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Development of half-Heusler type thermoelectrical materials in a range of temperature from 300 to 500 ° C

Abstract : The search for alternative energy technologies has taken an accelerated pace in the last 50 years due to an increasing concern about climate change. In this quest to find new energy sources, it is interesting to point out that a lot of energy is wasted as heat released into the environment. As a potential solution, thermoelectric power generators could be used to transform the waste heat into useful electrical energy.Thermoelectric generators are converting directly heat into electricity and vice versa. They consist in an assembly of n and p-type semiconducting legs connected electrically in series and thermally in parallel. An applied temperature difference between n and p-sides drives charge carriers displacement in the material from the hot side to the cold one. Therefore a current flow is generated through the circuit. Thermoelectric devices have attracted interest because of their advantages over conventional power generator: no moving part, no liquid involved, reliability, noiseless, long life time without maintenance and also low environmental impact.Over the last several decades, the increased energy demand combined to the environmental concerns, leads to another potential use of thermoelectricity as an alternative energy source by recovering the huge amount of heat lost in industrial or domestic applications. Presently, wasted-heat recovery in cars and trucks and wasted-heat in industry (metallurgy/nuclear…) are becoming a major concern. Both recovery problematics may be addressed using thermoelectric devices efficient in the 300-500 °C temperature range.Numerous thermoelectric materials couples have been investigated and developed over the last 20 years. Most of the already known class of thermoelectric materials have been improved and new classes have been developed, leading to a significant improvement of ZT values being optimum in different temperature ranges. In order to be efficient and to be viable for large scale manufacturing of power generators, a thermoelectric material has to fulfill several requirements. First, the raw materials chosen have to be non-toxic, cheap and abundant. Secondly, the manufacturing process should be robust and compatible to the production of a high volume of materials per day. Last but not least, the elaborated materials have to exhibit acceptable thermoelectric properties in the temperature range of interest for the final application. They must also have a long-term thermal stability in different kinds of environments and good mechanical properties.Half-Heusler materials have been shown to be good candidates in the 300 to 600 °C temperature range. Indeed, due to their semiconductor like band structure, they exhibit a large Seebeck coefficient and high electrical conductivity. Unfortunately, half-Heusler’s thermal conductivity is rather high when compared to other thermoelectric materials. Therefore, the main research efforts on half-Heusler formulations, devoted to be used for thermoelectric applications, have been focused on decreasing the thermal conductivity, while keeping a good electronic transport.Accordingly the main objective of the PhD thesis was to investigate the link between the microstructure and the thermoelectric properties of n and p-type half-Heusler alloys from the generic compositions MNiSn (n-type) and MCoSb (p-type), with M being Ti, Zr and Hf. All investigated compositions have been elaborated by a three step process: (i) ingots synthesis using cold crucible levitation melting, (ii) subsequent ball milling to obtain a calibrated powder and (iii) sintering by spark plasma sintering to obtain dense polycrystalline pellets that are characterized regarding their microstructure and thermoelectric properties from room temperature to 500-600 °C.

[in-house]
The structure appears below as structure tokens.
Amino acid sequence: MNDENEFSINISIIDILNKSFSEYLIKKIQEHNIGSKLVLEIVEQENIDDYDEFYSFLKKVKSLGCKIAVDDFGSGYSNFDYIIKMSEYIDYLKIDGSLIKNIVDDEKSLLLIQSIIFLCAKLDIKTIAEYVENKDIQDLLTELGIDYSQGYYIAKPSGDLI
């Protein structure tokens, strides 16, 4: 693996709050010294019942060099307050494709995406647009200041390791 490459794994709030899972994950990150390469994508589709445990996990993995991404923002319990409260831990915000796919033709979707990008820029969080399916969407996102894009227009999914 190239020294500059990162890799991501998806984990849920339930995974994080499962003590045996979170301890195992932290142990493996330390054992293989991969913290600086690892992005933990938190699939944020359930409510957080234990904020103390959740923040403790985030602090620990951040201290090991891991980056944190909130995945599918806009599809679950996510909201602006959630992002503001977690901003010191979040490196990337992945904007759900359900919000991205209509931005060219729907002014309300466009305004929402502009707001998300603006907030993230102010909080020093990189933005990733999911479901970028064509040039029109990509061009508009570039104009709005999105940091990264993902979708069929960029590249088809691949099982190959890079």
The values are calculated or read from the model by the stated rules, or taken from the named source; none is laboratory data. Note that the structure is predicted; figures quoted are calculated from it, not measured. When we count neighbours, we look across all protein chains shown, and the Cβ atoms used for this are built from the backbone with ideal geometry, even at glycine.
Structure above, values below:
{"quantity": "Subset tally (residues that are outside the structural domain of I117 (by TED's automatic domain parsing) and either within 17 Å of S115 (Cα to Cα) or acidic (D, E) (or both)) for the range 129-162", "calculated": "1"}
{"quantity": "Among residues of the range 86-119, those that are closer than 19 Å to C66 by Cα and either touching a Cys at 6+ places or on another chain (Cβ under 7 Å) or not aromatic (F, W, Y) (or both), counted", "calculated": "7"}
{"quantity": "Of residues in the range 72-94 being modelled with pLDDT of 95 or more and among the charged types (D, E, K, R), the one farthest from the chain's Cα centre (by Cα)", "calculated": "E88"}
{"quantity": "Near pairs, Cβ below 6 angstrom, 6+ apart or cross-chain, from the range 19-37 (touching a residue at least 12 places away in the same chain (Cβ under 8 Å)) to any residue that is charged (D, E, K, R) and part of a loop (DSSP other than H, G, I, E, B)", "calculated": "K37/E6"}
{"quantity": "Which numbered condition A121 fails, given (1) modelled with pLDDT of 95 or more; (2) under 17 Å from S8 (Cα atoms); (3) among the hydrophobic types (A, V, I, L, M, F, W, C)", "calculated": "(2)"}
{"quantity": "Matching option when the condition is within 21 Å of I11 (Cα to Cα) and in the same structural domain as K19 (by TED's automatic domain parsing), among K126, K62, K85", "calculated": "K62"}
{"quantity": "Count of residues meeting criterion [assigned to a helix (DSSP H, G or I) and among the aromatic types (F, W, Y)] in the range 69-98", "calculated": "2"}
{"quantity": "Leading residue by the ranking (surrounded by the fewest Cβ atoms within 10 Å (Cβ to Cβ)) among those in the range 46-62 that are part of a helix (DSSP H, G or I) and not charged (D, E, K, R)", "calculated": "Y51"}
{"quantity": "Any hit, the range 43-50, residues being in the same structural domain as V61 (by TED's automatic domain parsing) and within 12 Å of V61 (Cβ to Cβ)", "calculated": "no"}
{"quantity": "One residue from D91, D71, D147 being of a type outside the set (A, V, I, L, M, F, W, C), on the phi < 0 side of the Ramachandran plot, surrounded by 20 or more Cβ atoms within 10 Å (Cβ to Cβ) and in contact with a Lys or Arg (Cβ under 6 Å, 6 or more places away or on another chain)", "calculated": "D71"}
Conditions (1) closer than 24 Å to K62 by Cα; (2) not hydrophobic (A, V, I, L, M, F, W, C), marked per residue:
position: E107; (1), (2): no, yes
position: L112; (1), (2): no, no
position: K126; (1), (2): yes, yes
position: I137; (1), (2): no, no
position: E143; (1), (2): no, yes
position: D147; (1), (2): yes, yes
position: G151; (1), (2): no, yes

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Submitted on : Tuesday, May 22, 2018 - 9:39:07 AM
Last modification on : Tuesday, May 19, 2020 - 8:51:14 AM
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  • HAL Id : tel-01796818, version 1



Alizée Visconti. Development of half-Heusler type thermoelectrical materials in a range of temperature from 300 to 500 ° C. Thermics [physics.class-ph]. Université Grenoble Alpes, 2017. English. ⟨NNT : 2017GREAI112⟩. ⟨tel-01796818⟩



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